This admonition is one that I have heard hundreds of times in my running experiences, and one that I learn to appreciate even more as my age increases. The simple fact is that one formula cannot fit everyone or every situation. For example, play 10 seconds - rest 10 seconds may be fine on a pianissimo third-space C, but totally unrealistic on a fortissimo high C. We do need to practice some loud high C's, but in this case playing 5 seconds - resting 15 seconds may help prevent us from mashing our lip. We strive to train and condition the lip, not beat it into submission! Remember that in a recovery phase of our conditioning, we must be building correct playing habits. If you feel that you need an extra 20 seconds of recovery time, take it! Even when we are not in a recovery mode, we must constantly strive for the reinforcement of correct tone production habits. Our practice period is the time that we must reinforce these correct habits because in rehearsals and performances we generally tend to revert to whatever works (excessive tension, mouthpiece pressure, etc.) to get the job done.
Does your lip feels stiff and unresponsive? You may need to take some extra rest. This may be just a few additional seconds of rest between the repititions of the passage you are "woodshedding" or it may mean that you need to divide your practice today into 10 minute segments, rather than your usual half-hour segments. You may need to interject 5 minutes of short pianissimo mid-range tones. Does your lip feel bruised? You may need to take an unplanned break for several hours. Should you try a warm compress? Should you try ice? My point, as you can see, is that you should not submit to a formula for success but rather, you should listen to the signals that your embouchure is giving you and make adjustments which are appropriate for you.
A final word regards the need for making adjustments as one ages. Because my late summer performance activities are generally light, I often find myself in a "getting back in shape" mode at the beginning of our academic year. I have experienced a breakdown of my chops quite similar to breakdowns I've experienced with a return to running after a layoff. With my running, I would carefully increase the length of my runs, taking care not to increase the mileage too soon. After a few weeks of constantly feeling stronger, a hamstring or a quadracep may start to hurt. Even more common would be a joint problem - usually the knee or ankle. In my playing, I'm always careful to very gradually increase the amount of daily playing - I usually time my playing with a stopwatch to be certain of an ever-so-gradual increase. However, despite the utmost of care, after 4-5 weeks of increased endurance, range, flexibility and control I have still experienced "breakdowns" which usually start with ever-increasing stiffness of the embouchure, accompanied by a lack of responsiviness and of course a decrease in endurance. When these "breakdowns" occur, they are usually quite a surprise, because up to that point my building process had been quite good. Perhaps it has been my experiences in running which taught me to "listen", in this case to my embouchure, to make adjustments in my daily routine which have successfully carried me through those tough times.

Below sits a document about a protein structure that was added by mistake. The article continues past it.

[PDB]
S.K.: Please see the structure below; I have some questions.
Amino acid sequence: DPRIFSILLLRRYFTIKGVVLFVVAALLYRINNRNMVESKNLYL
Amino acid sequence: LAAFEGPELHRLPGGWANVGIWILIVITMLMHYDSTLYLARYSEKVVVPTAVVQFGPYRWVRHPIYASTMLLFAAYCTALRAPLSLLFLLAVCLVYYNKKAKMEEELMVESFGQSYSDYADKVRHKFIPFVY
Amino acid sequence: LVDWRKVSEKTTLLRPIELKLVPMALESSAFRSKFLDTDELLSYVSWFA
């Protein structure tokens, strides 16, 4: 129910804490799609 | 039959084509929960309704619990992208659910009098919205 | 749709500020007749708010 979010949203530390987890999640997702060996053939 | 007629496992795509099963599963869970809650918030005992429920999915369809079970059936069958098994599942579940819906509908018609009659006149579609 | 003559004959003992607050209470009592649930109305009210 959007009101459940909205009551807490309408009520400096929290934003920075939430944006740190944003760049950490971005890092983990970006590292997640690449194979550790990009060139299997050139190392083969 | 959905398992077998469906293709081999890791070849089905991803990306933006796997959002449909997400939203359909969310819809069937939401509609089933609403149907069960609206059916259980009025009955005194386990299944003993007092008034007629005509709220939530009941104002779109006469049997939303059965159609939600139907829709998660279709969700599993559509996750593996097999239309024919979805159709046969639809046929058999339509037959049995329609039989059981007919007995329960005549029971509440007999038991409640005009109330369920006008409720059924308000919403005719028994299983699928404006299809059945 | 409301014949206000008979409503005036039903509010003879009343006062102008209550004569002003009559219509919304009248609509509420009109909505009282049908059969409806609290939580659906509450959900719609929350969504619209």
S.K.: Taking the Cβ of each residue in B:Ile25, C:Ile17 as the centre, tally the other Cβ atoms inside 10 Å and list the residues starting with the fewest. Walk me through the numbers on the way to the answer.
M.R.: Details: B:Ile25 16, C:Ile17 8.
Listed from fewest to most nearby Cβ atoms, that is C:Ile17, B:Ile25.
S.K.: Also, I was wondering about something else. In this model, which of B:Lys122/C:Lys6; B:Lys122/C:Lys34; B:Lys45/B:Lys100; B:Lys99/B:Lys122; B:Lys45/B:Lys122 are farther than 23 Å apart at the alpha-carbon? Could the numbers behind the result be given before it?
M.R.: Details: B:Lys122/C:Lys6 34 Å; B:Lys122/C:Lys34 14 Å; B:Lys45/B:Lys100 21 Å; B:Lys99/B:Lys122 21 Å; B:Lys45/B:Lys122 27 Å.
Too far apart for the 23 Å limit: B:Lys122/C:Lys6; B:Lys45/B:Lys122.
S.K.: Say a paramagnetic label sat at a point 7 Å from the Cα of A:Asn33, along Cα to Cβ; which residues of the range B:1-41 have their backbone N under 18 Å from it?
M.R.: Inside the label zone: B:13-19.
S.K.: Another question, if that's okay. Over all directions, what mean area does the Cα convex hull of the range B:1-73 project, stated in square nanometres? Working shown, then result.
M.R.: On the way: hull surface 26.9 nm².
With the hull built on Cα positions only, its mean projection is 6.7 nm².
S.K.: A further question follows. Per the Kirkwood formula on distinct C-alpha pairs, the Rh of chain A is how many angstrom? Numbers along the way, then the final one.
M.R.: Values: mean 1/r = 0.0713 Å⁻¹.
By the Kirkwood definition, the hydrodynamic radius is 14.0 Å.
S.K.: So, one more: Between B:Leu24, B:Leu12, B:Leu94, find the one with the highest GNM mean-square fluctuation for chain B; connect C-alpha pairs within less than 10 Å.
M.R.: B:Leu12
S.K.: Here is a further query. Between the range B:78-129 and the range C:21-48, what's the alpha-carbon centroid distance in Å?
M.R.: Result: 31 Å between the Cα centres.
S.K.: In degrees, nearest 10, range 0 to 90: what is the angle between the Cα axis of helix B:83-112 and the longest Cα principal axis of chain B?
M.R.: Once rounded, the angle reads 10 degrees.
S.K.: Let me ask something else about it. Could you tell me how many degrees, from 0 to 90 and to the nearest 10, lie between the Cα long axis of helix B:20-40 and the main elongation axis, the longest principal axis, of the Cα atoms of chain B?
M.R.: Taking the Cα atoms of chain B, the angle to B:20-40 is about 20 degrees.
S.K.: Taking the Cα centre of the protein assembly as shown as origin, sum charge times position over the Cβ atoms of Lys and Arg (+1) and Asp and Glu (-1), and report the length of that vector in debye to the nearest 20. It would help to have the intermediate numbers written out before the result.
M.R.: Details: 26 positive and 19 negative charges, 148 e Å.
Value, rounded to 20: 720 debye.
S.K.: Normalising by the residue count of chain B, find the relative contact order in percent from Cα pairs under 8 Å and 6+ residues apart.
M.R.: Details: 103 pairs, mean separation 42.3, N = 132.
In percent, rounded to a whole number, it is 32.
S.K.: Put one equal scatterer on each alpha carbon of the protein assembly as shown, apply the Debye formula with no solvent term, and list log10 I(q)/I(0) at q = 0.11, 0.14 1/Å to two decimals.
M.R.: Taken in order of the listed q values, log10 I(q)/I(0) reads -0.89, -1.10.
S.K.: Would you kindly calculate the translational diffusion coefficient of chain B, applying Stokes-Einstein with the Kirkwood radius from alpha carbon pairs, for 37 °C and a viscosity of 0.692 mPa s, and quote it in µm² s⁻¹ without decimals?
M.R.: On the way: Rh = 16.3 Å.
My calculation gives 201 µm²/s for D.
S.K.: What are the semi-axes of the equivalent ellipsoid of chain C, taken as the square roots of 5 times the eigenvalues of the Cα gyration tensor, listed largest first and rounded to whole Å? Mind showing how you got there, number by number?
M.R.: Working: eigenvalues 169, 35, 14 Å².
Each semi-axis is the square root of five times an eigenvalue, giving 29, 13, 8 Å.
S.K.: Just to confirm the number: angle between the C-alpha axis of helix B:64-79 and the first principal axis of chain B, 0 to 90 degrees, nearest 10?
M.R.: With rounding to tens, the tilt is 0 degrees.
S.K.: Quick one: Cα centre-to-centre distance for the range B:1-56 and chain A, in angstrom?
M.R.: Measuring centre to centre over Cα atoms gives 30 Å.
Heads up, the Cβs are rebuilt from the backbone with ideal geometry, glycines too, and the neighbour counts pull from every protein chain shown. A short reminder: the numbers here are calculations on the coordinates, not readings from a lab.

I feel that the important thing is, as Jim Fixx suggested in his book The Complete Book of Running, published twenty years ago, Listen To Your Body. Well, Trumpeter: Listen to your chops. Be flexible in the daily expectations of yourself and realize that you may need to modify your plans to accomodate the physiological limitations your body.